Stock rebuilding and industry-science management programme helps herring fishery win MSC certificate
Herring from the Celtic Sea has been certified as sustainable by the Marine Stewardship Council (MSC) and can now bear the blue MSC ecolabel, advertising its status as being sourced from a certified sustainable fishery. The certificate was awarded at a meeting of the Celtic Sea Herring Management Advisory Committee (CSHMAC) at the Marine Institute, Galway (Wednesday, 4th April 2012). Dr. Maurice Clarke, Fisheries Scientist at the Marine Institute and Scientific Advisor to the Committee, presented the MSC Certificate to Mr. Gavin Power, Chairman of CSHMAC.
Mr Power stated, “The Committee is delighted to receive MSC certification for the Celtic Sea Herring Fishery. After many years of committed work the stock has recovered well and the fishery is now operating at a sustainable level. Sacrifices have been made along the way but, underpinned by sound scientific advice and support by the Marine Institute, our management approach has succeeded in delivering tangible results. In this regard the MSC certificate is also a symbol of a successful industry-science partnership. What is important now is that the award of MSC certification will deliver a renewed focus on future improvements in management and improved responsibility, aimed at ensuring a profitable and sustainable fishery for many years to come.”
The CSHMAC was set up in 1999 and formally tasked in 2005 to provide management advice for the Irish Celtic Sea herring fishery. The initiative followed the collapse of the herring stock in the late 1990s and over the course of a decade of cooperation between Marine Institute scientists and industry, the Celtic Sea herring stock was rebuilt.
This involved a learning curve for fishermen working with scientists according to Liam O’ Driscoll, Herring fisherman and a member of the CSHMAC. “We learned to respect each other, and to trust each other. It was hard for fishermen to accept some of the draconian cuts in the early days but we’ve lived long enough to see the fruits of our labour and hopefully we’ll see further benefits from that. It was the fishermen themselves who proposed to close the fishing grounds to protect the fish. This was a major step forward that wouldn’t have happened previously.”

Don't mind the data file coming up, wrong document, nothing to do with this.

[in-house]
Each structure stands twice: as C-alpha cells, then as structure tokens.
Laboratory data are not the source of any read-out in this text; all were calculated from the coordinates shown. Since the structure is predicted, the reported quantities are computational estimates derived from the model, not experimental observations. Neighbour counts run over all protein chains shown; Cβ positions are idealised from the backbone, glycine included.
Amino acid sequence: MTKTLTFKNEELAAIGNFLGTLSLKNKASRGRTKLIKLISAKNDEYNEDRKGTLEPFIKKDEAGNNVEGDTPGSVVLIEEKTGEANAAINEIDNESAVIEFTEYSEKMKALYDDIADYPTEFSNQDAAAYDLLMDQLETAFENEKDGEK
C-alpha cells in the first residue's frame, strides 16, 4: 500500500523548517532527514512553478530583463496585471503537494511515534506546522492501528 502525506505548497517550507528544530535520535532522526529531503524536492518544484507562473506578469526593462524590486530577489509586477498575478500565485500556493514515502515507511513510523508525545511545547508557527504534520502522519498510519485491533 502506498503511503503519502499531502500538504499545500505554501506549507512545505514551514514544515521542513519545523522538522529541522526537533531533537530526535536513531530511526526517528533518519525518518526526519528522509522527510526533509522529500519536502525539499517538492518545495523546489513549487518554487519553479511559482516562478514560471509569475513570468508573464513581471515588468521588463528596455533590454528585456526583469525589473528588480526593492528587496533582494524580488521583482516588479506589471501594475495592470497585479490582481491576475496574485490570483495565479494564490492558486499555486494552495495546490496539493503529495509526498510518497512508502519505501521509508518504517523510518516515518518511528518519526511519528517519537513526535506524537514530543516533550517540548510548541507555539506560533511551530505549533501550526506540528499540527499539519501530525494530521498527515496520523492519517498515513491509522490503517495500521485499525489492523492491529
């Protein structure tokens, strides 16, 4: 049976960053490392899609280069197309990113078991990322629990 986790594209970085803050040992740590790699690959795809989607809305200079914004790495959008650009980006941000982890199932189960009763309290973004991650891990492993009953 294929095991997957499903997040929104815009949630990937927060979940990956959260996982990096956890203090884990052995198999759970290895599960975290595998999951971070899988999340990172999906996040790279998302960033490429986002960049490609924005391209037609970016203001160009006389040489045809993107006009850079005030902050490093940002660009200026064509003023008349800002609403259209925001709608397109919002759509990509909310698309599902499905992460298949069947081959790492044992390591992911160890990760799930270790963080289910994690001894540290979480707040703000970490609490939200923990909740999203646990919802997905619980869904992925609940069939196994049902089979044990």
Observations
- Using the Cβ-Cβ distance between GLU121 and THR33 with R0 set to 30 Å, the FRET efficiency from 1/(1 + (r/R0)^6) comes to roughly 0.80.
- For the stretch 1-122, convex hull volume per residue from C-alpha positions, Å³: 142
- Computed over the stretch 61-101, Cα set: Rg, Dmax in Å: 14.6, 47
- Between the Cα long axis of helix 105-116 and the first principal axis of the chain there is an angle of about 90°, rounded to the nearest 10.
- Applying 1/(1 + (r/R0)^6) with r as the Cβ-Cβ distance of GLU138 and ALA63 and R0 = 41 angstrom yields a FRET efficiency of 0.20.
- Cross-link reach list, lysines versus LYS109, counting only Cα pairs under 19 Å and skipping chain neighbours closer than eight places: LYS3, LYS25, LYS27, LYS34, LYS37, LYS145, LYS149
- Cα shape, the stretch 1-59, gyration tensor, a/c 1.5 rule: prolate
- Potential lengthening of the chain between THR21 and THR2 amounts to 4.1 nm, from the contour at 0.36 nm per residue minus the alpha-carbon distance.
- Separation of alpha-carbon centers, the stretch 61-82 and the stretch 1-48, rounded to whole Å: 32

Those early initiatives by the fishing industry were the cornerstone of rebuilding the herring stock and the successful management of the fishery according to Dr. Maurice Clarke. “The relationship between science and industry was often fraught - there were strong differences of opinion, but eventually a common approach evolved and the CSHMAC implemented a rebuilding plan. The plan involved painful quota cuts, but paid off in the long term as quotas have increased and the stock recovered.”
‘Clean’ fishery with good management
Food Certification International, the independent Certifier described the fishery as ‘clean and selective’ in their assessment. Herring school in single species groups in mid-water meaning low by-catch and minimal contact between fishing gear and the seabed. The report concluded that the establishment of the Celtic Sea Herring Management Advisory Committee (CSHMAC), a national multi stakeholder initiative, and its partnership with the Department of Agriculture, Food and the Marine resulted in a management approach that “led to direct improvements” in the herring stock.
Claire Pescod, UK and Ireland Fisheries Outreach Manager said: “On behalf of the MSC, I would like to congratulate the CSHMAC on their certification. It is through the hard work and commitment of all members of the CSHMAC that herring stocks have improved and that products from this fishery are now able to bear the distinctive blue MSC ecolabel. There is a huge demand for MSC certified herring, particularly in Northern Europe with 1 in 8 MSC certified products being herring based. The work the CSHMAC members have implemented on Celtic Sea herring stock management really demonstrates their commitment to sustainable fisheries management.”